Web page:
Thursday, October 13, 2005

Harold Pinter, Nobel Laureate



Congratulations to Harold Pinter on the Nobel Prize for Literature! Nicely done.

The last play of Pinter's I saw was The Lover, at Yale, in the summer of 2004. There is a review of it at Harold Pinter's web site, but it gives away an important secret.

My review would simply be: Harold Pinter's The Lover is a perfectly shaped and somewhat demonic play about marriage. It's challenging and psychologically disorienting, but still essentially realist in form.

(Photograph above by Chris Saunders)

17 comments:

Anonymous said...

Hi,

Just discovered your blog, & loved the 'homage to London' post. As a (north) Londoner, it's nice to hear others waxing lyrical about my hometown! Cheers to London indeed!

J

Rani said...

I bashfully admit that I haven't read anything by Harold Pinter. Where should I begin?

Amardeep said...

Rani,

Well, the Birthday Party is the most famous, and for good reason.

But he's a playwright, and his stuff really comes alive when it's performed. Maybe one of the movies for which he wrote the screenplay? IMDB also has him involved with lots and lots of British TV. Some of that stuff might be in video stores. And I suspect there might be a version of the film version of the Birthday Party in some video stores (better ones).

Pinter was also involved with the Kyle MacLachlan version of Kafka's The Trial as well as the Greta Scacchi (?) version of Margaret Atwood's The Handmaid's Tale. Both are pretty good movies... Could be a good place to start.

Rani said...

Amardeep, many thanks. I actually do actually enjoy reading theatre, so I may go to the Strand (the best bookstore in NYC) and pick up the Birthday Party.

Shreeharsh said...

I'd also recommend Pinter's adaptation of John Fowles' The French Lieutenant's Woman. I thought that was very well done and the movie works very well too.

brimful said...

He was also in the film, Mansfield Park. His playwright work really crawls under my skin, in a good way.

badmash said...

Amardeep - do you think that the Nobel Commitee is also making a political statement with this one?

Mrudula said...

Pinter is simply BRILLIANT.

Mrudula said...
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Amardeep said...

Badmash,

I don't think it's especially political. Much of Pinter's best stuff from the 1960s is apolitical, actually. Here is a short summary of The Birthday Party:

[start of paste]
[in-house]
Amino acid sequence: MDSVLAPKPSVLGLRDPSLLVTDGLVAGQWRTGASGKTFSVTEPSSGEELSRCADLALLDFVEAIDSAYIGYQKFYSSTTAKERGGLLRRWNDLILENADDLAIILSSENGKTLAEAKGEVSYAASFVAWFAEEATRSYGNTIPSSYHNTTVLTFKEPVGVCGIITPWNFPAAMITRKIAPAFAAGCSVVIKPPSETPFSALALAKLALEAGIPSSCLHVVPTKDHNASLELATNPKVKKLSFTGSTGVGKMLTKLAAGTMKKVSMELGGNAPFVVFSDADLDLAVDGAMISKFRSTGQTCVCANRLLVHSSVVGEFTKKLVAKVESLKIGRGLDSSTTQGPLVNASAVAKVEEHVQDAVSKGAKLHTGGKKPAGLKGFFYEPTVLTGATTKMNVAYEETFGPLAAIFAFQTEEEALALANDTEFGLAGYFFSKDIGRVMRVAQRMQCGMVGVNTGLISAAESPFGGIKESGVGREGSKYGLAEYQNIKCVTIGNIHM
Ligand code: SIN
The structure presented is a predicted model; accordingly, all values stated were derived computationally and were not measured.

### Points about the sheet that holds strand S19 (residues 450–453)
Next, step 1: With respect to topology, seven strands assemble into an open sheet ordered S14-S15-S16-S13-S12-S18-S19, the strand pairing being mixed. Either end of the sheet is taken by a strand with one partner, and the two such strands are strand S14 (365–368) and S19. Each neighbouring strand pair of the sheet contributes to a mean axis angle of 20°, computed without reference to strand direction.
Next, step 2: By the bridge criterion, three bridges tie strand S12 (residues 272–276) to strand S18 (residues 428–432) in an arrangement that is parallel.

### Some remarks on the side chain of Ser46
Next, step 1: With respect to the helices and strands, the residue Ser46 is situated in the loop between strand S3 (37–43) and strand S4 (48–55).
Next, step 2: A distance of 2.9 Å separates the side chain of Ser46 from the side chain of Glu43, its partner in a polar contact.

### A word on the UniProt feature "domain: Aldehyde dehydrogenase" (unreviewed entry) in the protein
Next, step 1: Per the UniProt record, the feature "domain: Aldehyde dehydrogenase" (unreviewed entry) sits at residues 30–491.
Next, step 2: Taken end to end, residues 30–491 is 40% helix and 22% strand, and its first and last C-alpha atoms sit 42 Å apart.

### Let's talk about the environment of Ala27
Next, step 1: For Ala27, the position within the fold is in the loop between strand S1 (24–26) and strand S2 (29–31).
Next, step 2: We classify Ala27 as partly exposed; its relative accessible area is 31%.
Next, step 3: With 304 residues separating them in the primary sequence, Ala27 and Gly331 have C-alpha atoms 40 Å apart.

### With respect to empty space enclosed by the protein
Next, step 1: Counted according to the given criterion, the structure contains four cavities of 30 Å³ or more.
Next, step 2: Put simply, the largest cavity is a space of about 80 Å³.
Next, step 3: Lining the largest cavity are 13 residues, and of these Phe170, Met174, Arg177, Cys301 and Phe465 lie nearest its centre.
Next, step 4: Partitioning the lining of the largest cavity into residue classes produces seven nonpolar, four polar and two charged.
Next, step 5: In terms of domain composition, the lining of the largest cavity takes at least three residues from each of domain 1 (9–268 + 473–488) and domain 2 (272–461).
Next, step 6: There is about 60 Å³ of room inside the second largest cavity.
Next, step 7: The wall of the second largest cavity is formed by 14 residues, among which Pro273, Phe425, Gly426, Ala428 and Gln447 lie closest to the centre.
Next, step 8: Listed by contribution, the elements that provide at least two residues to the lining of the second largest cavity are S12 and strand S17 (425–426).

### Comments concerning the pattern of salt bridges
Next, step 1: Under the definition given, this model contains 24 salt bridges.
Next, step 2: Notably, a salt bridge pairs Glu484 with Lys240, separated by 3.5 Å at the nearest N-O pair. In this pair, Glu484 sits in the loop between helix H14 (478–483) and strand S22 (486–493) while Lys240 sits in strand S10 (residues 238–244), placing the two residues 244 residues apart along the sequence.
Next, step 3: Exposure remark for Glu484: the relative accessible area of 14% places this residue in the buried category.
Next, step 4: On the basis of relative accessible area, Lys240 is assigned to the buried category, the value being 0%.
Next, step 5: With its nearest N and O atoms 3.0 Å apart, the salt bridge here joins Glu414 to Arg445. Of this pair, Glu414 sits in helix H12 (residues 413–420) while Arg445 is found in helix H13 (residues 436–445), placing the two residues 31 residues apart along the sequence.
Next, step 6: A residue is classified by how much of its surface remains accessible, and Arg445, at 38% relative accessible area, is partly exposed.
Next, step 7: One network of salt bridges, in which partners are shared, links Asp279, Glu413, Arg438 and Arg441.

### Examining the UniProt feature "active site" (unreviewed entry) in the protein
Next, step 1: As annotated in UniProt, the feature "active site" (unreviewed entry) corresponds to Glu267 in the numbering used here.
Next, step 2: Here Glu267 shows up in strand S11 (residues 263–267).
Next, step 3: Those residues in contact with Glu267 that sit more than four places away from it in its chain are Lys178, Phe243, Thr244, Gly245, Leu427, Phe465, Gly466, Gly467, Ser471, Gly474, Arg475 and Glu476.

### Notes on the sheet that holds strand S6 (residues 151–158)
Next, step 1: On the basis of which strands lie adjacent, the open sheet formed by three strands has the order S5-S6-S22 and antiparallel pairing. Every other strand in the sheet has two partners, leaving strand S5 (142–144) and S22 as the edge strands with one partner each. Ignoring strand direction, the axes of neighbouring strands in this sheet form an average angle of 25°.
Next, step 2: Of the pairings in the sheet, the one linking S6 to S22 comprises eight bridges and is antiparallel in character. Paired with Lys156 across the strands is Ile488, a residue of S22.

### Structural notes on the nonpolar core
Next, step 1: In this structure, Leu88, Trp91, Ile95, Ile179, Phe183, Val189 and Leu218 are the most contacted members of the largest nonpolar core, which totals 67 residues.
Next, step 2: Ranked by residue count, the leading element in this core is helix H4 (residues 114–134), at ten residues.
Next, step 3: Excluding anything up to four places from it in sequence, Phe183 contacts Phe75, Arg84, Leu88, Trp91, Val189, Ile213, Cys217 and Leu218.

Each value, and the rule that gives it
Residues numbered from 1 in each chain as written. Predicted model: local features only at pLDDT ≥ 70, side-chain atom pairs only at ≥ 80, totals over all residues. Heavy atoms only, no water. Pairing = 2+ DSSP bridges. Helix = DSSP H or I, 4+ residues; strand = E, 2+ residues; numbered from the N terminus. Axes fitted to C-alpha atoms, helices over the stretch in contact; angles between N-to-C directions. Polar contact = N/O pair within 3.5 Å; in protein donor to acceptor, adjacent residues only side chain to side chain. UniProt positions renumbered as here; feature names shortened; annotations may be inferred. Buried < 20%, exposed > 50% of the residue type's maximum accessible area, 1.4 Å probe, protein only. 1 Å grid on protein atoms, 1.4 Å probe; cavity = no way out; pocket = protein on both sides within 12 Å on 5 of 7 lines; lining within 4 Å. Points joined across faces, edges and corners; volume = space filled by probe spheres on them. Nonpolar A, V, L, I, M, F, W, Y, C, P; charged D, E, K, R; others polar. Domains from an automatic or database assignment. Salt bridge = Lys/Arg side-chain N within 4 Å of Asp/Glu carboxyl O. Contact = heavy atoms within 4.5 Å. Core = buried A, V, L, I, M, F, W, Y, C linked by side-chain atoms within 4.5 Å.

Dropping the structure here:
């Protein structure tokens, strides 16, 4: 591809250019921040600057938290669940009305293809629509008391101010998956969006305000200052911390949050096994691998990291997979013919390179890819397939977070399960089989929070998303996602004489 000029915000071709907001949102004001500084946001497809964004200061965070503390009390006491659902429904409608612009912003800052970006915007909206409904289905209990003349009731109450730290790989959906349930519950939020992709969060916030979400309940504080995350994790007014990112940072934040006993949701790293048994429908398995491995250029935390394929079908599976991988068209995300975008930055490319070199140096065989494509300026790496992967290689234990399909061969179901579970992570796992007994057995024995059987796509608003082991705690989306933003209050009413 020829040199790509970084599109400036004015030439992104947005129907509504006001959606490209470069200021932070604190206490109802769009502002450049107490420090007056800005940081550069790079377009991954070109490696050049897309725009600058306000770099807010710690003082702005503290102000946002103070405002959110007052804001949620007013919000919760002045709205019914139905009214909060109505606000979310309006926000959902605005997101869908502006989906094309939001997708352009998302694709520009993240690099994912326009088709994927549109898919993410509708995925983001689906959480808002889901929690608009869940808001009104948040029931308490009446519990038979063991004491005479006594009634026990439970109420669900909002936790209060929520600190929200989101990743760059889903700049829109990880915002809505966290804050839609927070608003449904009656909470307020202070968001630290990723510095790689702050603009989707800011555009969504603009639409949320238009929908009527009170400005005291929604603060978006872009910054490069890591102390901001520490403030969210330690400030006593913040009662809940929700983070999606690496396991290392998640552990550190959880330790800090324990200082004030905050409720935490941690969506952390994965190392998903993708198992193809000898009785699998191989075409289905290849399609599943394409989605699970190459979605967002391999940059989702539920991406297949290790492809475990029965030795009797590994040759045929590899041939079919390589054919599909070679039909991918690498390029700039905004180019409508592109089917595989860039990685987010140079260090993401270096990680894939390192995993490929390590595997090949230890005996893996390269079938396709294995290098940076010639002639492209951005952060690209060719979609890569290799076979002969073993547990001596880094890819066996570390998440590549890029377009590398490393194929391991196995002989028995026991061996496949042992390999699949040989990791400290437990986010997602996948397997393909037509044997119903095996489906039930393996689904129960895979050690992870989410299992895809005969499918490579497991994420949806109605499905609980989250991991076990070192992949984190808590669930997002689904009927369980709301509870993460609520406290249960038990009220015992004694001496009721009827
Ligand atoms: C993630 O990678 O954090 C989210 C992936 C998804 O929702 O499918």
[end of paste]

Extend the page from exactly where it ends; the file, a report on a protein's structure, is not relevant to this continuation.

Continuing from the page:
His first full-length play, THE BIRTHDAY PARTY, was first performed by Bristol University's drama department in 1957 and produced in 1958 in the West End. The play, which closed with disastrous reviews after one week, dealt in a Kafkaesque manner with an apparently ordinary man who is threatened by strangers for an unknown reason. He tries to run away but is tracked down.

It could be sort of political in that the situation might be a reference to life in a police state. (In an interview I heard on NPR he talked about how popular the play was with Iranians in the 1970s). But the theme is mainly abstract.

Though Pinter's always been a bit of a rebel, as I understand it it's only in the past five years that he's gone full-time into political activism (anti-US in Iraq).

And some of his recent political positions have been a bit dodgy. Take this:

During the Kosovo crisis in 1999, Pinter condemned Nato's intervention and said it will "only aggravate the misery and the horror and devastate the country". In 2001 Pinter joined The International Committee to Defend Slobodan Milosevic, which also included former U.S. Attorney General Ramsey Clark. Milosevic was arrested by the U.N. war crimes tribunal, which plans to try him on charges of crimes against humanity.

A little nutty, siding with Milosevic.

All in all, it doesn't really add up to a political statement by the Swedish Academy. He really is one of the living greats of English drama... and fully deserves the recognition.

Badmash said...

Christopher Hitchens has an interesting comment on the prize here

radio said...
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radio said...

Hitchens has become such a blowhard, he feels he must sign off on everything that seems to sound with the American Right. A strange fact considering he would likely accuse the American left of being an echo chamber of the international left.
Really Chris, you were more interesting as a leftie.

badmash said...

Not to turn this into a thread about the Hitch, but I'm also amused at his recent need to voice an opinion on everything and everybody - Orwell, Jefferson, now he's an expert on Pinter. Btw, incase the irony was not evident, what I meant to to say was that the comment was "interesting".

Anyway, back to Pinter...

Amardeep said...

Yes, I think Tom Stoppard is more on the money there.

The guy has done some great, groundbreaking stuff. People on the right are practicing a form of reverse political correctness when they criticize the choice of Pinter because of his left-wing (and sometimes misguided) politics.

radio said...

Fully agreed, badmash.

And yes, "interesting".

I hear Hitch might write a book on Carl Sagan in the future...



not really, but that's seemingly all that's left for him.

Anonymous said...

Rani,

why not have a read of (or watch online) Pinter's Nobel Prize acceptance speech "Art, Truth and Politics"

http://nobelprize.org/nobel_prizes/literature/laureates/2005/pinter-lecture.html